A warming Chinook wind had taken the cold edge off the approaching Montana winter. Terrence and Marie Duffy were serving drinks in the tavern they had owned for 34 years in Boulder, a town of simple pursuits and nearly 1,500 people not far from Elkhorn, a former gold-rush town high in the Rocky Mountains. It was 7 o’clock on a Tuesday night.
The Duffys were a private but unpretentious couple, comfortably part of the small, close-knit town. In their tavern, however, just to the right of the bar, were the photographs that proclaimed their connection to a world far different from their own. Terrence and Marie were the parents of Patrick Duffy, whose portrayal of Bobby Ewing on Dallas had made him world-famous. The Duffys were proud of their son, yet they were very much their own people and not exploitative of his fame or his wealth. They lived simply in a modest apartment behind the Lounge.
On the same Tuesday night two weeks ago, 30 miles north in the state capital of Helena, Kenneth Miller and a new buddy, both 19, were visiting Miller’s girlfriend. They were telling her they’d been hunting—which was plausible, as it was deer season—and that they were going out. The second young man was Sean Wentz, a troubled youth who had hitchhiked into town eight months previously, leaving an outstanding arrest warrant for automobile theft in California. Wentz, who never knew his father, had lived in a series of foster homes since his mother’s death half a dozen years earlier. He had met Tamela Harding soon after he drifted into Helena, and a bond had developed. Divorced with two young daughters, Tammy had weathered her own set of troubles and now, at 24, saw in Wentz a mate for life. They planned to be married in December.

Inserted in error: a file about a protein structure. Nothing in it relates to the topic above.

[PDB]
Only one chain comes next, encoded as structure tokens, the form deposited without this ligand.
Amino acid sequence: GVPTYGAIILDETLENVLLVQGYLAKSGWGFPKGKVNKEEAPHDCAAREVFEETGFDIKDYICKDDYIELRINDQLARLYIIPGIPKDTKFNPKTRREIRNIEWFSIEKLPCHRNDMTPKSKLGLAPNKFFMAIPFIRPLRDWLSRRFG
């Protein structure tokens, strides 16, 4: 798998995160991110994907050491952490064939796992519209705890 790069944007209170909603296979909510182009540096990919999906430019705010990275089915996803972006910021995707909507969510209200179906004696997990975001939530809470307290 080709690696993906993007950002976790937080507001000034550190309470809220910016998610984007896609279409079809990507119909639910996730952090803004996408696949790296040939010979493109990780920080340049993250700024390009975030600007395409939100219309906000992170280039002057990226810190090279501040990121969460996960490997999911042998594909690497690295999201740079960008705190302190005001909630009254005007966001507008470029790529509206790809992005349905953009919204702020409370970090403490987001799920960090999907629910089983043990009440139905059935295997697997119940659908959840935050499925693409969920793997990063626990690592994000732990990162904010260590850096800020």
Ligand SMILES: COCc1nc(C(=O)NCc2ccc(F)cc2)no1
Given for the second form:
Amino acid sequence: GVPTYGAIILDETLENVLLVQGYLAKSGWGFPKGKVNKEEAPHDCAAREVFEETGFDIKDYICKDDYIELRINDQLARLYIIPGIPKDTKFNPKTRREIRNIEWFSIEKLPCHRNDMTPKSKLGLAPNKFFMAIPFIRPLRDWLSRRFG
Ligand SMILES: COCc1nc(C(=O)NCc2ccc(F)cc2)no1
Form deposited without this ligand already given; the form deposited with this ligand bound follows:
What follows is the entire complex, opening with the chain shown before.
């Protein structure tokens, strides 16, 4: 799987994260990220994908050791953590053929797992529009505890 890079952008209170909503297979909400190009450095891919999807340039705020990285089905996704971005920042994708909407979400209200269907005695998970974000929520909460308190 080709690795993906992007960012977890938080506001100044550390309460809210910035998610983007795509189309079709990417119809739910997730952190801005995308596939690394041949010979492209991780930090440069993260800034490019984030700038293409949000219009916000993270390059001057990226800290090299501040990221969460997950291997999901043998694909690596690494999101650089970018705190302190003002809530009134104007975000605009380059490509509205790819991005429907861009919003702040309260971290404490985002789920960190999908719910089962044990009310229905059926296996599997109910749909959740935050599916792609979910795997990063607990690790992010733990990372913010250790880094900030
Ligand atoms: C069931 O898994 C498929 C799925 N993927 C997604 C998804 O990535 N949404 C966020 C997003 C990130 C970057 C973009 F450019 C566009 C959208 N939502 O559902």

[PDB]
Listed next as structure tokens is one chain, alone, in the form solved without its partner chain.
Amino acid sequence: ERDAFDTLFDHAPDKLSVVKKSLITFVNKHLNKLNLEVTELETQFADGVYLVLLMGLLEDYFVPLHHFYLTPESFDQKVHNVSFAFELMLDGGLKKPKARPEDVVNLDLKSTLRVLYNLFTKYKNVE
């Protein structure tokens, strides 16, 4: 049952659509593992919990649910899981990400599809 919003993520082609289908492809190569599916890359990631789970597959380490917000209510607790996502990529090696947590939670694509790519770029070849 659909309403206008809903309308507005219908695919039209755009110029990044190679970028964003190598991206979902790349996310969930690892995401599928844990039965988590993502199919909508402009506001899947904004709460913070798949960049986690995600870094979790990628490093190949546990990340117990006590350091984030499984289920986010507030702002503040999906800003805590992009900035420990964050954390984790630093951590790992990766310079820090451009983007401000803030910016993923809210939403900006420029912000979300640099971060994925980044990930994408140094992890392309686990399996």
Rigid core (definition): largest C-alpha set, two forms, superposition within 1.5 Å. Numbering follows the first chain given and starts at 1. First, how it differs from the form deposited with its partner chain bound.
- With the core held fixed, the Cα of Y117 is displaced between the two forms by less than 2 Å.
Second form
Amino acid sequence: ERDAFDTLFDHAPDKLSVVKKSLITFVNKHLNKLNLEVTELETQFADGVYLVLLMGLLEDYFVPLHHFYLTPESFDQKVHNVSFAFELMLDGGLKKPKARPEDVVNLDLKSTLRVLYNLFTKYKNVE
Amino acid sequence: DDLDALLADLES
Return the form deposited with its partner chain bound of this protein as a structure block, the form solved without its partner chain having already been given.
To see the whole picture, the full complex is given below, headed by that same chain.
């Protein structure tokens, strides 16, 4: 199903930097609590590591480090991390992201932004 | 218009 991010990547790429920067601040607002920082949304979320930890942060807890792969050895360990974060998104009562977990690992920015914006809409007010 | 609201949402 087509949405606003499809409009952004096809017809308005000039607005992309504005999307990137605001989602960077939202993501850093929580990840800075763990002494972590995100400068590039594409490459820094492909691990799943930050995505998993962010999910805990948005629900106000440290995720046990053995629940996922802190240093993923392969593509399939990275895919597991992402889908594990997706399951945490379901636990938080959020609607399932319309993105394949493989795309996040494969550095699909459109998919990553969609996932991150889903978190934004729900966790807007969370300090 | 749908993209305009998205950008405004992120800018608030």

At about 9 p.m., according to one report, Terrence and Marie Duffy were in their tavern, entertaining a solitary customer, when Miller and Wentz entered. Terrence, who was particular about who frequented his place, reportedly didn’t care for the way the young men looked and may have ordered them off the premises. Those closest to Wentz learned afterward that he planned to rob the Duffys when he returned about 9:30, again accompanied by Miller and carrying a shotgun, a gift from Tammy. What happened next is less clear and up to a jury to decide. It is unlikely that Wentz had ever been in Boulder before, or that the choice of the Lounge as his target was anything but random. He certainly was not aware that Terrence, 66, and Marie, 63, were the parents of a famous actor. What is likely is that Terrence, given his feisty nature, resisted the robbery. In any case, he and Marie were found later, each lying dead from shotgun wounds in the chest.
Wentz and Miller proved to be as inept at escape as at robbery. Still wearing his blood-spattered clothes, Sean went home to Tammy in Helena and told her what he’d done. When he and Miller went off to steal a Jeep, a frightened Tammy called her father. Kingman “Butch” Harding had been a deputy sheriff in Colorado and now ran his own engineering and consulting firm. He had grown fond of Wentz over the past several months and was looking forward to having him as a son-in-law. Now he called the police, who caught the teenagers after a short chase, not far from the apartment Wentz shared with Tammy Harding.